So far, the MTA’s “summer of hell” included a power failure that trapped train passengers in A/C-less car for two hours, a track fire that resulted in disastrous delays, and a train derailment caused by “improper maintenance.” Incredibly, some passengers have even been walking the tracks to escape stalled trains. Last Tuesday, the MTA dropped its new $800 million proposal suggesting, among other things, hiring more personnel and a pilot program of adding standing-only cars to the L train. That funding has not yet been secured.

In the midst this prolonged nightmare, it’s hard not to flashback on Hurricane Sandy, which crippled the city’s subway lines and stranded millions of commuters. If the subway could apparently fall apart at a moment’s notice, with or without an unprecedented hurricane, what would happen if and when another Sandy hit? What steps has the MTA taken to gird itself against future weather catastrophes, in a world where climate change is expected to make many extreme weather events more likely? We spoke with the MTA and the contractors, risk-assessors and climate scientists the MTA has tapped since Sandy to try and figure out how it might save itself from a whole lifetime of hell.

Edgar Westerhof spent the hours before Hurricane Sandy cycling around lower Manhattan marveling at the MTA’s unpreparedness. As a professional risk-assessor with Dutch-based firm Arcadis, Westerhof was keenly aware of just how vulnerable the city’s ancient infrastructure was even without the threat of a once-in-a-lifetime storm. “They’re masterpieces of their time,” he said, of the city’s tunnels and bridges. “But that time was the ‘40s, the ‘50s, the ‘60s.” To his surprise, the subway grates and entrances he passed on the night of Sandy appeared for the most part to be uncovered.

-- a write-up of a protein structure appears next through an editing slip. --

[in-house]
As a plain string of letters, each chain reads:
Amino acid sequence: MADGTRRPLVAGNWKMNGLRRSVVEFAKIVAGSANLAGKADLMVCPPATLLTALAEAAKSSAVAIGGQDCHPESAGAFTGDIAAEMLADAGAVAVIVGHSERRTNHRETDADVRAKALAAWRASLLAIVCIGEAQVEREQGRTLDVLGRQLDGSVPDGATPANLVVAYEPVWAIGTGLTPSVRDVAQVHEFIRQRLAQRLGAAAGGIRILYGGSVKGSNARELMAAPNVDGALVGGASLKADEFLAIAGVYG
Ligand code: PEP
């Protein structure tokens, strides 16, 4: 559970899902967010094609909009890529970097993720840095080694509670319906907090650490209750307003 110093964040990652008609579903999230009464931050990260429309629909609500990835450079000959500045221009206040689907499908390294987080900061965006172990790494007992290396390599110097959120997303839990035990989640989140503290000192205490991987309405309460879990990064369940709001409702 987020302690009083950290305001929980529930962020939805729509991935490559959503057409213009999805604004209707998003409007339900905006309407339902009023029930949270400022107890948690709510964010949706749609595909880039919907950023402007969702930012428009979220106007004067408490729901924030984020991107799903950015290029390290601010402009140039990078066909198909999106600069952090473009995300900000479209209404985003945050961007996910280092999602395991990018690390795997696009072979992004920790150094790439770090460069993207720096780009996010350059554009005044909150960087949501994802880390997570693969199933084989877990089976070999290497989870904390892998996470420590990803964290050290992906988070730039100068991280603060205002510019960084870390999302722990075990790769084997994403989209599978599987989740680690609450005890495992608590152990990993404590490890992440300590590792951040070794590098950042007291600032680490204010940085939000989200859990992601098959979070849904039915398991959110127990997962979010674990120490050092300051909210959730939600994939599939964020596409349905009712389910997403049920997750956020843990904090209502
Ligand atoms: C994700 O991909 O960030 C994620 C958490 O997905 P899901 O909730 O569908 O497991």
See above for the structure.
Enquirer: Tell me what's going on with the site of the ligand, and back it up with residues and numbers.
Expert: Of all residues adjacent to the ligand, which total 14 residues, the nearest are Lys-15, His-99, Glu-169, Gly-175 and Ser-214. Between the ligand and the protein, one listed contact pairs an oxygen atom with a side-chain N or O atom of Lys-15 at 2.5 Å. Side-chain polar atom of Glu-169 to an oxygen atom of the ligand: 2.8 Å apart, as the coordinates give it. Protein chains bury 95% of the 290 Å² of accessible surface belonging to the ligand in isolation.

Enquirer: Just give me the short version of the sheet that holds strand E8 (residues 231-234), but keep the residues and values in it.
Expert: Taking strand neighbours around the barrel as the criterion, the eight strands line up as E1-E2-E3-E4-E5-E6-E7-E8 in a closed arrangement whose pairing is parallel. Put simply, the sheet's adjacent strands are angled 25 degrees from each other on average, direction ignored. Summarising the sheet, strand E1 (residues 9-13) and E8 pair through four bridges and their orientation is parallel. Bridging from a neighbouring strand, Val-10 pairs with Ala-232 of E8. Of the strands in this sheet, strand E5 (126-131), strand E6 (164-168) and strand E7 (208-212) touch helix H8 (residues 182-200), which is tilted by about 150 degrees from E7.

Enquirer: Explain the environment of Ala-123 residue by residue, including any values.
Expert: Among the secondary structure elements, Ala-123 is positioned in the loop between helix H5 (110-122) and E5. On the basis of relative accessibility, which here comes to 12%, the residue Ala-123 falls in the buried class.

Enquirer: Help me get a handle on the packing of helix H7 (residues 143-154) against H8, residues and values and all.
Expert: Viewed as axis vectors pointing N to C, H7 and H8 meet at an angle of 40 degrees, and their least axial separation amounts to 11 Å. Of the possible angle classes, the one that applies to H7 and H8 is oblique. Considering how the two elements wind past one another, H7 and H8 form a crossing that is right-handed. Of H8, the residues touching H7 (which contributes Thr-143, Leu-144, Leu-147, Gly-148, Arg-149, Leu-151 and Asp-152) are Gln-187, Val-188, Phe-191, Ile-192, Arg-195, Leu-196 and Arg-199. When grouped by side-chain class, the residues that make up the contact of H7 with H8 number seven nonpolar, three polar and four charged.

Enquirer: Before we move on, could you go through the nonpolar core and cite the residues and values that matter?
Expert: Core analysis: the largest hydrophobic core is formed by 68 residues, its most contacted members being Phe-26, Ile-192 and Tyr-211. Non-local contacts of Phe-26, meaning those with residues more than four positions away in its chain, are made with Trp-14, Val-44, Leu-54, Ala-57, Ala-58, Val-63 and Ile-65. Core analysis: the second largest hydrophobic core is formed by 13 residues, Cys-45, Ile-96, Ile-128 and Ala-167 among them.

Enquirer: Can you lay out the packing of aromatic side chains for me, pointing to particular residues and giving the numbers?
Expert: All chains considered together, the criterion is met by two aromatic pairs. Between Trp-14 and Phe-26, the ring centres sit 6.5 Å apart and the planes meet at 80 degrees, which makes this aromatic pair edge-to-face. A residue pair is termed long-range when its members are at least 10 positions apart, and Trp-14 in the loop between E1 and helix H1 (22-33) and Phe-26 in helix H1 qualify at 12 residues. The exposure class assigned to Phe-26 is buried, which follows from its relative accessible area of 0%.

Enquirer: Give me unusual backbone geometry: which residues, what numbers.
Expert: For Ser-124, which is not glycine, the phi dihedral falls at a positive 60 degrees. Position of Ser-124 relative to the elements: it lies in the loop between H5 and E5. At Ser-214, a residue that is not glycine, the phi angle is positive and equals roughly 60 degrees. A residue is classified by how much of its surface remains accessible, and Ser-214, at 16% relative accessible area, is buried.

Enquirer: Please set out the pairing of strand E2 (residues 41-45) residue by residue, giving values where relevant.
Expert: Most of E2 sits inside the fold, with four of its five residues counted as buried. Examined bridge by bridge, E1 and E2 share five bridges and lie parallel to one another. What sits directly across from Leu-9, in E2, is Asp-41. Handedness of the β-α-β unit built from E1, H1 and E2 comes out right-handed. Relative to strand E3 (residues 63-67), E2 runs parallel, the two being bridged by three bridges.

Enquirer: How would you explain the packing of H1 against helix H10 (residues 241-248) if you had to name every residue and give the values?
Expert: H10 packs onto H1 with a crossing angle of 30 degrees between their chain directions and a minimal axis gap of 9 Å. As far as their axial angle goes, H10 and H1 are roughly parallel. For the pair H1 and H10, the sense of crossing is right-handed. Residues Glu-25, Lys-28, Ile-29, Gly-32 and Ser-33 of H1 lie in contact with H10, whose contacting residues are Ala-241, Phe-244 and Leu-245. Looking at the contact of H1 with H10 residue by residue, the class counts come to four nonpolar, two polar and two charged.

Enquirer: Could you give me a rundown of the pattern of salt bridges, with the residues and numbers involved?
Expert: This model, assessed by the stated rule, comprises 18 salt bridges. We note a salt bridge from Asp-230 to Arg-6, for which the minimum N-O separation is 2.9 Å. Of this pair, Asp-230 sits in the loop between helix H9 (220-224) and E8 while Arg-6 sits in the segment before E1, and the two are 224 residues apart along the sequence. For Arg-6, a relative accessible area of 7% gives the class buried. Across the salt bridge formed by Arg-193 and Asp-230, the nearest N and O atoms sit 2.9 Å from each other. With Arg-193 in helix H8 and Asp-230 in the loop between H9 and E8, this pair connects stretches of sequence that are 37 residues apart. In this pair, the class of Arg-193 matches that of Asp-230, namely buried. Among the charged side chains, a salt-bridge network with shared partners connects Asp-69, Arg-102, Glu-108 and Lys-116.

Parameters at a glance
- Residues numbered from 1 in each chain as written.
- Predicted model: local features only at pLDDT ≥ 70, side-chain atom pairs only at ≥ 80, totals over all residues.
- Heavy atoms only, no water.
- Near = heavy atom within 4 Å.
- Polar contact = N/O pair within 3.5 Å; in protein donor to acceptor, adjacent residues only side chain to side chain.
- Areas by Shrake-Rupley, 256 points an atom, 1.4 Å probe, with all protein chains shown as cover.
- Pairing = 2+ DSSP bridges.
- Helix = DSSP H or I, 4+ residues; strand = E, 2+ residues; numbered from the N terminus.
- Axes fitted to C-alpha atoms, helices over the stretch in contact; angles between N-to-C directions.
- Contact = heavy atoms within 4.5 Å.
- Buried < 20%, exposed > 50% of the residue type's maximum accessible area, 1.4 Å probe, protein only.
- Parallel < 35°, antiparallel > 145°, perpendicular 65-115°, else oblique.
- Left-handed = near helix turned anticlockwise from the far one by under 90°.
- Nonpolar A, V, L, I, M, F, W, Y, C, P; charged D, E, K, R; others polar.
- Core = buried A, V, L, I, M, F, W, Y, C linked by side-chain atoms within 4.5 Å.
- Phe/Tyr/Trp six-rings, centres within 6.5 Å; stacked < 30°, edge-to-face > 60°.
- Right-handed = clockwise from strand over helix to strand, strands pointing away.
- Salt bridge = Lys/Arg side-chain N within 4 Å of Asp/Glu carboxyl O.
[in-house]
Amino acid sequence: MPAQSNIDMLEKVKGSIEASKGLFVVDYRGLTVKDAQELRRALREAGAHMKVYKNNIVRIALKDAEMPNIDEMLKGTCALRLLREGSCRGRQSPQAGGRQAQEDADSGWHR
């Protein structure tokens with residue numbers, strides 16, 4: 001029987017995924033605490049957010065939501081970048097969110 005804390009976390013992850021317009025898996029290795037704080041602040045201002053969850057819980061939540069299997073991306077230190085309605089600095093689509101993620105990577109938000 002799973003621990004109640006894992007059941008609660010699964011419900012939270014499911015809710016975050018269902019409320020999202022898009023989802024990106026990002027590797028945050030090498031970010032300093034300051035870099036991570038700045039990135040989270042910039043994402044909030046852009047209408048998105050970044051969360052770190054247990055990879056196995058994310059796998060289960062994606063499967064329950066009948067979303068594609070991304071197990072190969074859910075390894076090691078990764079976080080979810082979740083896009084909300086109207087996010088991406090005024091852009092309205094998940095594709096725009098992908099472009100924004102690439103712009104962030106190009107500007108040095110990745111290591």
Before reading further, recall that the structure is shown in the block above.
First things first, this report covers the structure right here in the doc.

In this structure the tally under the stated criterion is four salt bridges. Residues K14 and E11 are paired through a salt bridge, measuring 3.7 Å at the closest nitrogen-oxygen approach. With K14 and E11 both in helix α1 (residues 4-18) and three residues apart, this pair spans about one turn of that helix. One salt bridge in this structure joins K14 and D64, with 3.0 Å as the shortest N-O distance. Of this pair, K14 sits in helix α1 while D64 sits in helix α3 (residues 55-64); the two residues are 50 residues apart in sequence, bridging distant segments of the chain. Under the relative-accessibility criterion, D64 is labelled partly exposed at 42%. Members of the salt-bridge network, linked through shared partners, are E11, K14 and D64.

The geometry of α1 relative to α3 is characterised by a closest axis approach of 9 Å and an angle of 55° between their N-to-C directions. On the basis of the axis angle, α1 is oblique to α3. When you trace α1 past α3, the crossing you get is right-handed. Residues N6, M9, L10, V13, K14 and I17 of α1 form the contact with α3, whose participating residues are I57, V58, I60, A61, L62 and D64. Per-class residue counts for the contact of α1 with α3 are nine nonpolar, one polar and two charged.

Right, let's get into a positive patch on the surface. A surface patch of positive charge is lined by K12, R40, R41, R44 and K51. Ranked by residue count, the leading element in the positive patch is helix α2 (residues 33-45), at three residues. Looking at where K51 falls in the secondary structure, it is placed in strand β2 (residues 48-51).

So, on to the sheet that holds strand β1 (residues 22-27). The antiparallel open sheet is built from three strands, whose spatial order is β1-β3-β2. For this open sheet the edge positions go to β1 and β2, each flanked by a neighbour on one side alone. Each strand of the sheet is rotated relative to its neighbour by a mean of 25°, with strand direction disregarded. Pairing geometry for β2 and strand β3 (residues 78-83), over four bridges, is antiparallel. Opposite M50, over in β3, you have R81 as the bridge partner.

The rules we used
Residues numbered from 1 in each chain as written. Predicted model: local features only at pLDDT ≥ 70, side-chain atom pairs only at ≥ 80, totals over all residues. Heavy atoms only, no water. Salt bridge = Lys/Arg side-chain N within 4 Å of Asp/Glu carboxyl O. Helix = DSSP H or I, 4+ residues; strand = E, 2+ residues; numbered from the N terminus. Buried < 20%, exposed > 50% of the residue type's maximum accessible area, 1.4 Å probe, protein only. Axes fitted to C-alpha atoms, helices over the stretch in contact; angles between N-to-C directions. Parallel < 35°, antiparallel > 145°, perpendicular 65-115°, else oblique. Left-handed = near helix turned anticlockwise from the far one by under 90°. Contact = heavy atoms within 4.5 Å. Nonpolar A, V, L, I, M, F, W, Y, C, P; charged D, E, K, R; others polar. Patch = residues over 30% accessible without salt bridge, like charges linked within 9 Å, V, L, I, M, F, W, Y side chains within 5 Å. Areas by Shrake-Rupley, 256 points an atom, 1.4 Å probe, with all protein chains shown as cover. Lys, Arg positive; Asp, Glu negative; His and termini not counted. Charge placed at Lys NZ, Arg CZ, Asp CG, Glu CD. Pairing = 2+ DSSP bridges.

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But the MTA was preparing, in its way, according to Klaus Jacobs. As a scientist at Columbia University, Jacobs had been warning the MTA of the risks posed by rising sea-levels (New York City has already experienced at least a foot of sea level rise since 1900) and other consequences of climate change for years. The MTA refused to listen, or cooperate—and so, between 2002 and 2005, Jacobs sent his grad students into the subway to conduct guerilla barometric readings, measuring the elevation of the tunnels to determine which ones would flood. He sent the agency the results, which made clear that the MTA stood to lose unfathomable sums of money if it failed to reckon with the reality of global warming.

Damage on the New York City Subway’s Rockaway Line (A train). October 30, 2012. Photo: MTA New York City Transit / Leonard Wiggins

By the next time Jacobs came around, as part of the New York State Energy and Research Development Authority-funded ClimAID study on the effects of climate change on the state, the MTA was ready to listen, and eager to help. Jacobs’ ClimAID study, which looked at how NYC Transit could adapt to climate change, came out just a year before Sandy, and wound up saving the agency billions of dollars—in the 24 hours before the storm made landfall, the MTA sent workers down into the tunnels to rip out crucial control and signal systems ID’d by Jacobs’ team as the most vulnerable, reducing eventual average downtime from three weeks to one, according to Jacobs.